The Pink House…

Picture of a two story barrio house painted in pink with decorative white swans
Carly Rabalais, used with permission

It’s the first time I’ve ever seen this picture. And although I’m pretty sure I know this place the real truth is that I’m one hundred percent certain I have never been there.

It reminds me of an Auntie and Uncle I never had. It is the home of my Uncle Vic. Tio Victor, to be precise, who lived on the ground floor. And my Auntie Vicky, upstairs. As a kid I was sure they were twins. My mother, however, always corrected me and said they were not. My father, their big brother, never wanted to talk about them.

Uncle Vic was a wiry suntanned man who worked odd construction jobs to get by. He would sing the meanest wrist-cutting ballads unprovoked after the crew had had their lunch. And if you were to put a guitar in his hands he would make it wail, cry, moan, and laugh. I would sometimes see Uncle on weekends after Sunday school. He would offer me lunch, and then try to teach me, fruitlessly I have to add, how to play the guitar. Not that he was a bad teacher, but I just never learned.

Auntie Vicky was kind of a recluse, I only ever saw her at night. Unlike the hermits in the fantastic stories I used to read, she was always well put. Sometimes with a scarf to cover her hair and her perm. But with perennial red lipstick on her lips that were very quick with a smile. Like Uncle, she had a lovely voice too. Almost the twin of my Uncle’s. Almost.

As a wee kid I used to run around the barrio on my bike with the rest of the neighborhood kids. Boys and girls rode together through the barrio streets. Amongst them there was the cutest girl, with the cutest bike. Everyday I saw her and secretly swooned, and would daydream of us riding alone together and kissing.

One day, we were out playing till very late, and most of the neighborhood kids had gone on home. Seizing the opportunity, I gathered all my courage, and told this cute girl about my daydreams. And no sooner I had I told her so…

“That’s the stupidest thing I ever heard”, came back her reply.

My first broken heart at 10 years old. I walked my bike home. All the while trying to contain tears. I happened to pass by Uncle’s house on the way. Uncle must have been sleeping from hard work, but Auntie Vicky saw me from the second floor. She was talking to a gentleman who I didn’t recognize through watery eyes and the red lights in her balcony. The lights making their figures seem larger than they were.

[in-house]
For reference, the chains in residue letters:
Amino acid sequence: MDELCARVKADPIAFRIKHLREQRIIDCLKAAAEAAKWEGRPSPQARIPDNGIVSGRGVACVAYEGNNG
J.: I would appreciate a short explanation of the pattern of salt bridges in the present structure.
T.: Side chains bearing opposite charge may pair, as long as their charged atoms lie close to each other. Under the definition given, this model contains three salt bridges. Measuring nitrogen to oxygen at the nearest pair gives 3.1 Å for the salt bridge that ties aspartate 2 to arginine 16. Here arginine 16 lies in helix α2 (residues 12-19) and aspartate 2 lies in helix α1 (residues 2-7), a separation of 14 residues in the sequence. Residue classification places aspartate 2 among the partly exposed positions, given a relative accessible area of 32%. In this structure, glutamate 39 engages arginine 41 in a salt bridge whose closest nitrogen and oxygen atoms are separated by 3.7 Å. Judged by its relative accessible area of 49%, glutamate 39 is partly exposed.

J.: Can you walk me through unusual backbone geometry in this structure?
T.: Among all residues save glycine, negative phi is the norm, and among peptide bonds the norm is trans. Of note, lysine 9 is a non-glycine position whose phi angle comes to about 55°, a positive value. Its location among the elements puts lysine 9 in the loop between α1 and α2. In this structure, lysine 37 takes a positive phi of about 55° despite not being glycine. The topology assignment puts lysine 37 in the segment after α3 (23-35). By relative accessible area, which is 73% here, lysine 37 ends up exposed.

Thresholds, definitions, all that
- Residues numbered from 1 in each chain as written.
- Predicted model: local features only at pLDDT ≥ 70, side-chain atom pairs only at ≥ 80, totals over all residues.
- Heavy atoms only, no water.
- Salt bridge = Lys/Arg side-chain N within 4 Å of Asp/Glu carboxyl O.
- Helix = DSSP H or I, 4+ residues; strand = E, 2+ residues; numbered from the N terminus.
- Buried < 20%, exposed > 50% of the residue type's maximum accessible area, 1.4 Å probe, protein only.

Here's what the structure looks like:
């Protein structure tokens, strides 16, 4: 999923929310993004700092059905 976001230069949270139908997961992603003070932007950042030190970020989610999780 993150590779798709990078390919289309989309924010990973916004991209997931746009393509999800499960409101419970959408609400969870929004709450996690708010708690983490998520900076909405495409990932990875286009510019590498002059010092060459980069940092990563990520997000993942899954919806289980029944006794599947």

“Aníbal what’s wrong, did you get in a fight with one of the boys?”, shouted Auntie.

“No, I’m fine!”, I tried to shout but felt like only whimper came out. I kept thinking that I was a stupid kid for having stupid thoughts about kissing a cute girl on a bike and started crying. And I didn’t want Auntie to see me crying, and felt embarrassed. And I didn’t want the man in the balcony to see me crying and felt even more embarrassed. Pushing the bike still, I tried to run. To hide my tears.

But Auntie Vicky swooped down the stairs. And stood in front of me, impeding my path. She grabbed my face. And with the smell of cigarette heavy in her breath asked me again. Warning me with her eyes to tell her the truth…

“If one of those big boys has done something to you…”, her face, her eyes, her voice seemed infinitely harder than nails just then.

But I told her the truth… And her face seemed to soften…

“Oh, Aníbal, there’s plenty of fish in the sea, but the heart wants the fish that flies!”

“I can practically guarantee that next week you won’t even remember this pain. And I can assure you that you will feel it a dozen times more. And more, and more.”

“But you know what? You did the right thing! If you love someone never keep it to yourself. Always say it. If it’s true the love it will come back to you. And if it’s not then you don’t need it, and something better will come. C’mon, I’ll walk you the rest of the way home.”

I wasn’t listening, not then, not really, a broken heart makes you deaf in certain ways. But I started walking home with Auntie Vicky all the same. And she started singing a ballad while we walked down the barrio. When we got home Auntie Vicky talked to my mother who went to meet her on the street in front of the house. I went inside and my father had taken a glance at his sister, scoffed, and resumed drinking his whiskey.

Many years later, as the AIDS epidemic was winding down, my Uncle Victor suddenly got it and was abruptly dead. He was buried on a closed casket. People were still fearful of the disease. I told my mother how sad it was that Auntie Vicky would be al alone by herself in that house.

“I’m so sorry, honey… But your Auntie is dead too…”

I loved both my Uncle and my Auntie, perhaps more than I loved the rest of my uncles and aunties. And it was a few years more until I finally connected the dots about who they had to be… to be who they wanted to be.

Photo Source, Carly Rabalais Photography, used with permission: